LONDON – The CEOs of Pfizer Inc. and Astrazeneca plc both say they are on track to make their COVID-19 vaccines available for use before the end of the year and have promised to manufacture at risk, supply at cost and ensure equitable access.
The obvious caveat is that this speedy delivery will only apply if the products are found to be safe and effective.
But Pascal Soriot, CEO of Astrazeneca, Pfizer CEO Albert Bourla, and Paul Stoffels, chief scientific officer of Johnson & Johnson, all highlighted the extent to which the crisis has completely upended the traditional – lengthy – one step at a time approach to vaccines development, when they gave a progress report on their respective products on May 28 during the International Federation of Pharmaceutical Manufacturers and Associations’ virtual press briefing.
The scale of pharma’s response to the pandemic, both in hard cash and opportunity cost was underlined by Bourla, who said Pfizer is investing $2 billion in COVID-19 research. Most of that expenditure will be within the next year for the two mRNA vaccines it is developing with German biotech Biontech SE, and does not include staff costs. “It’s a major undertaking,” Bourla said.
There are multiple technologies in play, from the old-fashioned tried and tested, to novel constructs that have not been used in any approved products, Bourla noted. “The reason we chose mRNA technology, even though it has not been done before, is because we have a two-year collaboration with Biontech on a flu vaccine,” he said. “We felt we had enough expertise, enough scale and could go at speed.”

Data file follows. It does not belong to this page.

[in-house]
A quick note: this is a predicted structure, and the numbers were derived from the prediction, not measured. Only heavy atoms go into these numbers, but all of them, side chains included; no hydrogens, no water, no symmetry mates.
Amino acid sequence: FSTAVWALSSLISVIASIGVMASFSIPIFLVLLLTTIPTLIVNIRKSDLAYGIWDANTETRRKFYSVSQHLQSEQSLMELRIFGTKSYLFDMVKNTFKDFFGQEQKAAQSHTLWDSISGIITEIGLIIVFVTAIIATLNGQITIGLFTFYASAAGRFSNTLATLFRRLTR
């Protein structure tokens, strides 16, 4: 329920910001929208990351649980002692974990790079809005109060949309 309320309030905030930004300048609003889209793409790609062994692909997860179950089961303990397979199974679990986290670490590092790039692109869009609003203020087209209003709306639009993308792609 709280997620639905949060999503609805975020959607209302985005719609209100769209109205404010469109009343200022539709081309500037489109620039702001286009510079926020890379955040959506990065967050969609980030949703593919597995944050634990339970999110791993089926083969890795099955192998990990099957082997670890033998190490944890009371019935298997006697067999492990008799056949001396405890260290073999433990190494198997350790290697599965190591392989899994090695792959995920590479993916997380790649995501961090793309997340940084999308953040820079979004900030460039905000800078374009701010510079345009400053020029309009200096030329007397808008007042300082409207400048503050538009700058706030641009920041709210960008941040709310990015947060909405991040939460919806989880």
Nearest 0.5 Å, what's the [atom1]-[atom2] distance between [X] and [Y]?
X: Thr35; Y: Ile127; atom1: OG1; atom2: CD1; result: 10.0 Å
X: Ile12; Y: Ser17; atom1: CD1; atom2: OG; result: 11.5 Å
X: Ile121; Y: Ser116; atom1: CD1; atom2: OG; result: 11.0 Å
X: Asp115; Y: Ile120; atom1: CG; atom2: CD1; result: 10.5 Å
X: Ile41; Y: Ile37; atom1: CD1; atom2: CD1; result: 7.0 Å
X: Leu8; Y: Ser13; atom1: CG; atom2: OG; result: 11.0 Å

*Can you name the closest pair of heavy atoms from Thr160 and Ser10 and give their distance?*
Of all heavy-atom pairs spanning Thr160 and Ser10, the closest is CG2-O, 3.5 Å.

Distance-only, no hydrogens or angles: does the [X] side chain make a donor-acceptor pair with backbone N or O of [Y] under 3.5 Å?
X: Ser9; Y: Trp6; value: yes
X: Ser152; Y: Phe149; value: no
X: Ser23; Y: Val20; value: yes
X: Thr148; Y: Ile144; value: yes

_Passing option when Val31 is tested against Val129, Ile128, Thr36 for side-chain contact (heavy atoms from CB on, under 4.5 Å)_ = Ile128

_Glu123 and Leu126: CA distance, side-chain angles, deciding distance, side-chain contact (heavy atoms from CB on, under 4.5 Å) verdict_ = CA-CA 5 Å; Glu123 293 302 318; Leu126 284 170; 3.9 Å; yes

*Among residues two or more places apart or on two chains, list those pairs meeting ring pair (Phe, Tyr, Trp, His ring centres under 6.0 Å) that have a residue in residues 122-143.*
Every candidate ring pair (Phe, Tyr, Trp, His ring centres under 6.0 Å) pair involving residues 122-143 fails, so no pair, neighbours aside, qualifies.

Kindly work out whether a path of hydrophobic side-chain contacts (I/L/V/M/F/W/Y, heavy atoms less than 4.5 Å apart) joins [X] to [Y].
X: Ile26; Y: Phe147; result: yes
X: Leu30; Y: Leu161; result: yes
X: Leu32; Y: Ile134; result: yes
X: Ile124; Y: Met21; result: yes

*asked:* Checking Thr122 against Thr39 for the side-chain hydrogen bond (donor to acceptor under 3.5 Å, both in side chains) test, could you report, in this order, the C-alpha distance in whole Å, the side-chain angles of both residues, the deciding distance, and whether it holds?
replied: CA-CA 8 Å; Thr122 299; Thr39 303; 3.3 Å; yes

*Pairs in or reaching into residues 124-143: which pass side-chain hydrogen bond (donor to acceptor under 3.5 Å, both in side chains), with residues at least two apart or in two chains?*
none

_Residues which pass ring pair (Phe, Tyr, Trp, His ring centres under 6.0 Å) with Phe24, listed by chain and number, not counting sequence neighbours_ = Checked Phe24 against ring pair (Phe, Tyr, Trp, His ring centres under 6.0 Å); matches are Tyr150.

In view of the need to go as fast as possible, Pfizer started working on the project with Biontech, exchanging materials and information, and investing money, in advance of having a formal contract in place. Bourla said the first phase of clinical development will be completed in June, providing enough data to progress very rapidly through phase II to a phase III trial that will recruit 20,000 – 30,000 participants.
“We are going to move very fast and will manufacture at risk. If it goes well, we will have enough evidence of safety and efficacy so we can feel confident to have a vaccine around the end of October,” said Bourla.
Similarly, Soriot said the decision to work with Oxford University to develop a chimpanzee adenoviral vectored vaccine, is based on the previous experience of the researchers at the university’s Jenner Institute and the speed with which they were able to get the project started.
The 1,000-subject phase I/II trial completed last week, with data due soon, and a phase IIb/III U.K. trial involving 3,000 volunteers is now underway. Astrazeneca also is starting a U.S. trial, after securing up to $1.2 billion from the U.S. COVID-19 vaccines program, Operation Warp Speed.
There is growing concern that with infection rates falling in the northern hemisphere, these trials will take time, or that it will not be possible to complete them. “We are trying to move as quickly as possible because a vaccine is needed, and also because the disease is declining. The focus is on delivering phase III in the U.K. and the U.S. phase III,” said Soriot. Backing those up, trials in Kenya, South Africa and Brazil are due to start soon, he said.